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Nature. 2015 Aug 27;524(7566):466-470. doi: 10.1038/nature14682. Epub 2015 Aug 19.

Sidekick 2 directs formation of a retinal circuit that detects differential motion.

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Department of Molecular and Cellular Biology and Center for Brain Science, Harvard University, Cambridge, MA, 02138.
Contributed equally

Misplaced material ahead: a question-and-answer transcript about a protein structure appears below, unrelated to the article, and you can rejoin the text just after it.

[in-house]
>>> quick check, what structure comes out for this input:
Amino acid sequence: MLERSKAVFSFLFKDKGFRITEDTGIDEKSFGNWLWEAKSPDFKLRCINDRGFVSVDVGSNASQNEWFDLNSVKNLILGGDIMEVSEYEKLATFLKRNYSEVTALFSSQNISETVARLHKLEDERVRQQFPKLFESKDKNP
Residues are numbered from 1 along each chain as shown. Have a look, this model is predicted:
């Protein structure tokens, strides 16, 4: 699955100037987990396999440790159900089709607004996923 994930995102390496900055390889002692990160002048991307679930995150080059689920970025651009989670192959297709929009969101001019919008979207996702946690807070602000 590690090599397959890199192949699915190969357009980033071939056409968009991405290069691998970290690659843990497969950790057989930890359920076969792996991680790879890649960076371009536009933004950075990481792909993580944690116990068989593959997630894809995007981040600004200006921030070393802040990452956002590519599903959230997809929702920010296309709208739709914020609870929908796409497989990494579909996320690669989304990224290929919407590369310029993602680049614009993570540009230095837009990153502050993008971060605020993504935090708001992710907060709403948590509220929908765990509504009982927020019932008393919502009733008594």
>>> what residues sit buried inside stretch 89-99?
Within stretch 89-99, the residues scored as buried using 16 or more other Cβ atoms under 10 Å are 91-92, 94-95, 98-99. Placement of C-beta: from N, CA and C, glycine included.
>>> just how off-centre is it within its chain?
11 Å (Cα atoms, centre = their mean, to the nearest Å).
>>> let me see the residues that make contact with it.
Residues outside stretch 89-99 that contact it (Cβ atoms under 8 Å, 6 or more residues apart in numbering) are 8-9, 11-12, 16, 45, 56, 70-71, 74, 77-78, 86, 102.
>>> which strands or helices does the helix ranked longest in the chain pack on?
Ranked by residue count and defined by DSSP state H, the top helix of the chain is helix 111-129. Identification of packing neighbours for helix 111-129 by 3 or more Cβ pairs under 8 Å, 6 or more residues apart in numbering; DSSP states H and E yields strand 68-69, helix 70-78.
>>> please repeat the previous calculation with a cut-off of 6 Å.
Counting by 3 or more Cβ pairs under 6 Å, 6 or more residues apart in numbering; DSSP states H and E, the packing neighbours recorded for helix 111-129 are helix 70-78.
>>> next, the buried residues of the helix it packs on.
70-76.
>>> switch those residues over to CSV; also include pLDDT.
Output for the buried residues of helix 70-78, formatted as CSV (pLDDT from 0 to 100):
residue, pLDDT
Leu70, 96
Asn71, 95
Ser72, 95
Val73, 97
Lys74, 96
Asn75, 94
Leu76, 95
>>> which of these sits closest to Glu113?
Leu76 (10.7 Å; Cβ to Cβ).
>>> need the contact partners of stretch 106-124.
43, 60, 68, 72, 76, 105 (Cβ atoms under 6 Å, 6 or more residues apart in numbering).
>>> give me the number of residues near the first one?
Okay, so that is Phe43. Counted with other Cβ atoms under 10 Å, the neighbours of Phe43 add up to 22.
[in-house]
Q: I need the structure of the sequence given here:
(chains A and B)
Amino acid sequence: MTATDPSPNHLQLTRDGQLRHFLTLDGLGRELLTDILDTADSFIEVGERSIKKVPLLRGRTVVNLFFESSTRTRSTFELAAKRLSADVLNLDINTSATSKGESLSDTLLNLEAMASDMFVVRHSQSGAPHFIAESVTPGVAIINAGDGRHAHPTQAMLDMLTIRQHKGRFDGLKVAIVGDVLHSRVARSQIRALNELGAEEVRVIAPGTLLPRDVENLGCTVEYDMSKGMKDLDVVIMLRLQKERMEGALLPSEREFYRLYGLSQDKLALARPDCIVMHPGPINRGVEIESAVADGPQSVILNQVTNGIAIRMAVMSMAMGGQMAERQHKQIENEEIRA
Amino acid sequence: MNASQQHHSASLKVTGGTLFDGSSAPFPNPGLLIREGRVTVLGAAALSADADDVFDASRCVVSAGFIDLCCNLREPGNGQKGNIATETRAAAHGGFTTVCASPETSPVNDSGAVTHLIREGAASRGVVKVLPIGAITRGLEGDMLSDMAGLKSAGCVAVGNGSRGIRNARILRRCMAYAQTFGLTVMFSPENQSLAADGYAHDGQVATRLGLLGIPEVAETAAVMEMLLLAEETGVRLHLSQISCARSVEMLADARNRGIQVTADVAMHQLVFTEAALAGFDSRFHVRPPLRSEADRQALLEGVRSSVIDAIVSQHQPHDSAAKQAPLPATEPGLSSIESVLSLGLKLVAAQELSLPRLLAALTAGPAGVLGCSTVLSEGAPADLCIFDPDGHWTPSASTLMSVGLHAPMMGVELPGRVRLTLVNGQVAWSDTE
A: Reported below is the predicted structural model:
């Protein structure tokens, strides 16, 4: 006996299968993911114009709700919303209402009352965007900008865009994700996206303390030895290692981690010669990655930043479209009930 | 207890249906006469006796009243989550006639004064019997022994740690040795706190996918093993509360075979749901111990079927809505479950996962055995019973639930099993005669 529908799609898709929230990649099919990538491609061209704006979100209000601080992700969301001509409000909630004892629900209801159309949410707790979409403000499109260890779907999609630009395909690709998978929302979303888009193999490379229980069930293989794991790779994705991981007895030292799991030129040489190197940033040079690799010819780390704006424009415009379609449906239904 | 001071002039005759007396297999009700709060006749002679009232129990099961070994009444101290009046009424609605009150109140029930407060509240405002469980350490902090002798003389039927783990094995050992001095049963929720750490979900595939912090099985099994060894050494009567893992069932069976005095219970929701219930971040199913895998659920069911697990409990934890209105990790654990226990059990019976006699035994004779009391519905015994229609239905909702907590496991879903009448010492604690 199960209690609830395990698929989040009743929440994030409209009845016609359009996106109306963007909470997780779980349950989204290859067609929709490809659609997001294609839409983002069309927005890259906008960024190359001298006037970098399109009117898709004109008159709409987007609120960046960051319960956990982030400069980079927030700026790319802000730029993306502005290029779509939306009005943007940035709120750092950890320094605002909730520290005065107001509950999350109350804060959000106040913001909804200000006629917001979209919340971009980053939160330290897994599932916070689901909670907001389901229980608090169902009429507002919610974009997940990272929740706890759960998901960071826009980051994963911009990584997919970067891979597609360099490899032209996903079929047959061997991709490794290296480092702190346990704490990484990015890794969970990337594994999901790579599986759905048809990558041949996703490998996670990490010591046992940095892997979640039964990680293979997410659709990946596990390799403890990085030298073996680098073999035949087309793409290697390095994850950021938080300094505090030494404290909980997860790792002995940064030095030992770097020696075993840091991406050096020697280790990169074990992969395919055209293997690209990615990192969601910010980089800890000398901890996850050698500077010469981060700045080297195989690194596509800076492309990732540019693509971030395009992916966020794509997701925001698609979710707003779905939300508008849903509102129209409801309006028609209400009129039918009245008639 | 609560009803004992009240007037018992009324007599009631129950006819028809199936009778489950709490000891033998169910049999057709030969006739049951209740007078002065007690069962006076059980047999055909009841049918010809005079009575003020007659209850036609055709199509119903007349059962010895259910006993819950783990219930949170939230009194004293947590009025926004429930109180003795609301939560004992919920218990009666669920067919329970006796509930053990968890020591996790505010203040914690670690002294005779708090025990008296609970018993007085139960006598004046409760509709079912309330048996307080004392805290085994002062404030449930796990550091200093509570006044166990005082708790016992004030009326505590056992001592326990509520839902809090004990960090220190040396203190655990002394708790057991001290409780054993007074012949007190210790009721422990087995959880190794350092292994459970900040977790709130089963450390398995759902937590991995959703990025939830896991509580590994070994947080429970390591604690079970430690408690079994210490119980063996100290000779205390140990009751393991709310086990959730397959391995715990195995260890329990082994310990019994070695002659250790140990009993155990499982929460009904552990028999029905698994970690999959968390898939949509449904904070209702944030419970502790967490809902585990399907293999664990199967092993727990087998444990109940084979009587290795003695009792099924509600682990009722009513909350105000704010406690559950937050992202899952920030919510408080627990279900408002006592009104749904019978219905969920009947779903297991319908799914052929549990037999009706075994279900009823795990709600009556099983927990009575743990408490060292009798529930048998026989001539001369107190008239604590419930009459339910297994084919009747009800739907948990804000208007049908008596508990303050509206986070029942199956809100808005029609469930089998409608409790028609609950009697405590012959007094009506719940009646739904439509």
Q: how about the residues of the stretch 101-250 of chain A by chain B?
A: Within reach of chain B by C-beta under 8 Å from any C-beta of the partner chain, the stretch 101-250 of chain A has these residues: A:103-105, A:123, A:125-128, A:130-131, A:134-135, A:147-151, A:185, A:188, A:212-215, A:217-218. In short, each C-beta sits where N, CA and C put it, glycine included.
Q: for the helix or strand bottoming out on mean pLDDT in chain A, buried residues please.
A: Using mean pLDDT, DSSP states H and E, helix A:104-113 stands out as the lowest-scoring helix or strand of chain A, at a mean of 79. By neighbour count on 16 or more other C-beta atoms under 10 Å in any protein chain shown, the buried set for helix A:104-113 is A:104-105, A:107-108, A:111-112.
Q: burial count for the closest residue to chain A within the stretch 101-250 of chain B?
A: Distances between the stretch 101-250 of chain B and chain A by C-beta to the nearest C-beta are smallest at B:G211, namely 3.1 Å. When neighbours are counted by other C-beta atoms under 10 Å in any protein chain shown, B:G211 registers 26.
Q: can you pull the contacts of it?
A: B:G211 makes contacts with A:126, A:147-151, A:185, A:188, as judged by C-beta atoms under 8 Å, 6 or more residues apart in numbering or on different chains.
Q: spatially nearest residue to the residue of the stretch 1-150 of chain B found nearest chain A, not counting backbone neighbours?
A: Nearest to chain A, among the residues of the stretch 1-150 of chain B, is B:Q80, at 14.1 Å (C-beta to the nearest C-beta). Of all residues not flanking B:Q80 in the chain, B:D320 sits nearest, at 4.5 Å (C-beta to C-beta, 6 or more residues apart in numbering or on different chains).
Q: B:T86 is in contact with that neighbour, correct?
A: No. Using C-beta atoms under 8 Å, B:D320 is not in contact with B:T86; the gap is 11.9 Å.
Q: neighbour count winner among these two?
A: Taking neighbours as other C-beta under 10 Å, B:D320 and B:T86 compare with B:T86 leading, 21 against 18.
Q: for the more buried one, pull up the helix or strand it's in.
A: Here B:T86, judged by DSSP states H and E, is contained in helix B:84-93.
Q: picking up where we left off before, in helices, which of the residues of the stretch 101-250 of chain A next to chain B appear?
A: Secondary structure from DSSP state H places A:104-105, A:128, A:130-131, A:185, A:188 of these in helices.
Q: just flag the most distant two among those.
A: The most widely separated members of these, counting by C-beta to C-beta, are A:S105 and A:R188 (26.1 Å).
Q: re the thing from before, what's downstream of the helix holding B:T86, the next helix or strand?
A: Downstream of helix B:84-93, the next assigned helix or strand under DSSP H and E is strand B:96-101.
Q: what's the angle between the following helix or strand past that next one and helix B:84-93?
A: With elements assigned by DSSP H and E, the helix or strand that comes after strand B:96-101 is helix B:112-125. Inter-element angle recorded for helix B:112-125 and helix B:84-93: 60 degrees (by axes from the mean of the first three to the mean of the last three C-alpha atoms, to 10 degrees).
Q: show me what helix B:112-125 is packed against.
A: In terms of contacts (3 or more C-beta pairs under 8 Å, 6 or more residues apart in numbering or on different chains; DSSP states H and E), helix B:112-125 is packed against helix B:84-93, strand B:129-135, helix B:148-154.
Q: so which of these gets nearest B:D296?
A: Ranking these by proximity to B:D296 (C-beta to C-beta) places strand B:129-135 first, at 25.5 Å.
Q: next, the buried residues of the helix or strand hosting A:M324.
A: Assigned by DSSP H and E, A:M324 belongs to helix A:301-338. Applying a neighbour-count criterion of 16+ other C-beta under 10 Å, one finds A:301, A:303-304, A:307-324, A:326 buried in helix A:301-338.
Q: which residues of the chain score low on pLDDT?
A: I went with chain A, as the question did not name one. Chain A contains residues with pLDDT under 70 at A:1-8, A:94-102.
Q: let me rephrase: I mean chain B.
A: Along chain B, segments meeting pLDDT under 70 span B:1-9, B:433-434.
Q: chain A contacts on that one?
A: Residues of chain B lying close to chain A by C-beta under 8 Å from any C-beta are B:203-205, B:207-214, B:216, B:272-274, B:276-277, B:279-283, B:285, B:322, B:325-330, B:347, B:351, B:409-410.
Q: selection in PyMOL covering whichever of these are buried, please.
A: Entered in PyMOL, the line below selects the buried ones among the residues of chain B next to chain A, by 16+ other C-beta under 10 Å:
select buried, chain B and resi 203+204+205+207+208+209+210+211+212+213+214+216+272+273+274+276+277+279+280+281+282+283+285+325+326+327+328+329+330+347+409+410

In the mammalian retina, processes of approximately 70 types of interneurons form specific synapses on roughly 30 types of retinal ganglion cells (RGCs) in a neuropil called the inner plexiform layer. Each RGC type extracts salient features from visual input, which are sent deeper into the brain for further processing. The specificity and stereotypy of synapses formed in the inner plexiform layer account for the feature-detecting ability of RGCs. Here we analyse the development and function of synapses on one mouse RGC type, called the W3B-RGC. These cells have the remarkable property of responding when the timing of the movement of a small object differs from that of the background, but not when they coincide. Such cells, known as local edge detectors or object motion sensors, can distinguish moving objects from a visual scene that is also moving. We show that W3B-RGCs receive strong and selective input from an unusual excitatory amacrine cell type known as VG3-AC (vesicular glutamate transporter 3). Both W3B-RGCs and VG3-ACs express the immunoglobulin superfamily recognition molecule sidekick 2 (Sdk2), and both loss- and gain-of-function studies indicate that Sdk2-dependent homophilic interactions are necessary for the selectivity of the connection. The Sdk2-specified synapse is essential for visual responses of W3B-RGCs: whereas bipolar cells relay visual input directly to most RGCs, the W3B-RGCs receive much of their input indirectly, via the VG3-ACs. This non-canonical circuit introduces a delay into the pathway from photoreceptors in the centre of the receptive field to W3B-RGCs, which could improve their ability to judge the synchrony of local and global motion.

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